In 2 Samuel 1:25 and 1:27 there appears the sentence:
אֵיךְ נָפְל֣וּ גִבֹּרִ֔ים
Ekh naphelu gibborim
How the mighty have fallen! / How have the mighty fallen?
Is this meant to be understood as a question or as an exclamation?
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It's safe to say the statement in question, which occurs three times in 2 Samuel chapter 1, is a declarative sentence, complete with an exclamation point in English.
As my link points out, ancient Hebrew gives us clues to the emotional freight of a sentence by providing us with a key word, as opposed to a punctuation mark in English. One such word is behold (e.g., Psalm 133:1), and other such clues include the English letter O (e.g., Numbers 24:5; Luke 13:34) and the word how (e.g., Isaiah 1:21, and the three verses from 2 Samuel 1 in your question; namely, vv.19, 25, and 27).
I suppose we could "translate" the word How into any of the following, but much less economically:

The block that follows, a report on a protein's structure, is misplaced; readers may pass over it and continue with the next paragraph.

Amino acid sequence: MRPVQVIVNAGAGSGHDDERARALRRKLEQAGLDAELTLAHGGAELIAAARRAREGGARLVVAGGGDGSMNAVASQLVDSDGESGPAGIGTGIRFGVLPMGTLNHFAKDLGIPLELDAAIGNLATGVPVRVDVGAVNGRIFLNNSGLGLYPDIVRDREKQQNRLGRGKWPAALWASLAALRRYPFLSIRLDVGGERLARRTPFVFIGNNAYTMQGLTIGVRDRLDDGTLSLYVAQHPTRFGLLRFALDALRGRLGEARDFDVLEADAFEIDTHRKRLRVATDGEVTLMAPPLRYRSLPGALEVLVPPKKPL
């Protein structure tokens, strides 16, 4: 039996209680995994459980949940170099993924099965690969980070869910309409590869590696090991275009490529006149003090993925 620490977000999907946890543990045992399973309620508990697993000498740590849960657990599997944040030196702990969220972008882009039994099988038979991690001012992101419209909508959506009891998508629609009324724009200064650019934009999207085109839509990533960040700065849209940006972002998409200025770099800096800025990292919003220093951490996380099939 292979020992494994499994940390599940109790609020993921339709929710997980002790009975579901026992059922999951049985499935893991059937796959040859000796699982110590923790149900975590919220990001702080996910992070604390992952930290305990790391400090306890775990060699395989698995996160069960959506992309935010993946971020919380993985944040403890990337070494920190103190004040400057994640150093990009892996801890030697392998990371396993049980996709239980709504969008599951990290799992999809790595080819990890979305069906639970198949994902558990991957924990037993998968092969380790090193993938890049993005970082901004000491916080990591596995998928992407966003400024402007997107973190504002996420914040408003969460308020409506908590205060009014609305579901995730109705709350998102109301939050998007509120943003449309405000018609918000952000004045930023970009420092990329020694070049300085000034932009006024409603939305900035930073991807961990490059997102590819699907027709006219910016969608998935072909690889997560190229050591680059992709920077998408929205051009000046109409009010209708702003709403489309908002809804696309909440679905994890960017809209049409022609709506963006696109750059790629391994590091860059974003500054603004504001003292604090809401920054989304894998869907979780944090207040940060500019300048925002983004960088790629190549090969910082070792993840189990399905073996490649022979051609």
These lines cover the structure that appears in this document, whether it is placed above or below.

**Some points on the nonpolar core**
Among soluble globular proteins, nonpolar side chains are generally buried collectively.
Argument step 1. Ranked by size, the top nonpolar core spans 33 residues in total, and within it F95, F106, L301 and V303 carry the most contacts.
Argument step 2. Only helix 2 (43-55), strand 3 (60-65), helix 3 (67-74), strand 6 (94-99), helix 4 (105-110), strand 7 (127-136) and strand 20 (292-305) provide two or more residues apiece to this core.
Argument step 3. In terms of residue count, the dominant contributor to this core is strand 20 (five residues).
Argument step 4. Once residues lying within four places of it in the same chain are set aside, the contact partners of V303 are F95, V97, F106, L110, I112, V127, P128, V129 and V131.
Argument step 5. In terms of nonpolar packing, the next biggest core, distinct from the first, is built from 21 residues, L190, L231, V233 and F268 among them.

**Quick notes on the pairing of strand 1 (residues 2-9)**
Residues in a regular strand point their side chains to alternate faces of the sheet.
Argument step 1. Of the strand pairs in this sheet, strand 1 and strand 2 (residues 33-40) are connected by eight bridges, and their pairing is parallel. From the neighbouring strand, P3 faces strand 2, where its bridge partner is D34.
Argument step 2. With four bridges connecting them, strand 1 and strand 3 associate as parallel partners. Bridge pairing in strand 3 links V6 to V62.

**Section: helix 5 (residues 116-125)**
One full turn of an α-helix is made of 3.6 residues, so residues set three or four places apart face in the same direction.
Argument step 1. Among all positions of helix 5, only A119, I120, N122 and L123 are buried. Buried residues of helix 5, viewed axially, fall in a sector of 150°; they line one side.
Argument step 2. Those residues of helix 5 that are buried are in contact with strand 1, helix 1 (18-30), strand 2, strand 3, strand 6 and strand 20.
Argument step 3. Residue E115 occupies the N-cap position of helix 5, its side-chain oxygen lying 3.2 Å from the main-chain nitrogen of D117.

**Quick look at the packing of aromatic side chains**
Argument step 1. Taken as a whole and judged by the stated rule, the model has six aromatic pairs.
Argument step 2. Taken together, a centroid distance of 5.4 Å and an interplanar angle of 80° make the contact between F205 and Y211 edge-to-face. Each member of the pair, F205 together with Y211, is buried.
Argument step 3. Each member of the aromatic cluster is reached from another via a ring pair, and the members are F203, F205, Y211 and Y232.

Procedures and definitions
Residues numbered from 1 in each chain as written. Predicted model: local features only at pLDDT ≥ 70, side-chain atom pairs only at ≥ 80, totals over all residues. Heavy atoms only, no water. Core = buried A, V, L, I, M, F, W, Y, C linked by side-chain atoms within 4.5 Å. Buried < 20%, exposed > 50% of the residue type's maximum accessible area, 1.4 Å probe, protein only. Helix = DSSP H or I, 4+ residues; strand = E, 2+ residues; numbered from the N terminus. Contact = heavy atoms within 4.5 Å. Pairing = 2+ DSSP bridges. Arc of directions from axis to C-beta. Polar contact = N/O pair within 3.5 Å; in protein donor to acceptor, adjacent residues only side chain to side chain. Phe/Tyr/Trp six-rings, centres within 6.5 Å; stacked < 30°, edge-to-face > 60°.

To what an extent . . .
Oh, the humanity! How . . . (forgive my jocularity, since this example is from the reporter for Chicago's radio station WLS who witnessed the destruction of the airship Hindenburg at Lakehurst, New Jersey, on May 6, 1937. The character "Newman" on the sitcom "Seinfeld" used this expression when the mail truck he was driving caught fire)
Be amazed as to how . . .
Amazing though it may be . . .
Just think of it! The mighty . . .
You could likely think of other words which would convey the plaintive and poignant expression of David, who in this passage is really mourning the death of Saul, "God's anointed," and particularly Jonathan, to whom David was very close (see v.26). By the way, not one of the many Bible versions of these verses from 2 Samuel 1, as found at BibleStudyTools.com, translates the repeated statement in question as an interrogative sentence, but only as an exclamatory sentence.
Other contributors to this website might care to provide other examples of English words which provide clues to the exclamatory nature of many sentences in both Testaments, but I've at least gotten the ball rolling, I hope!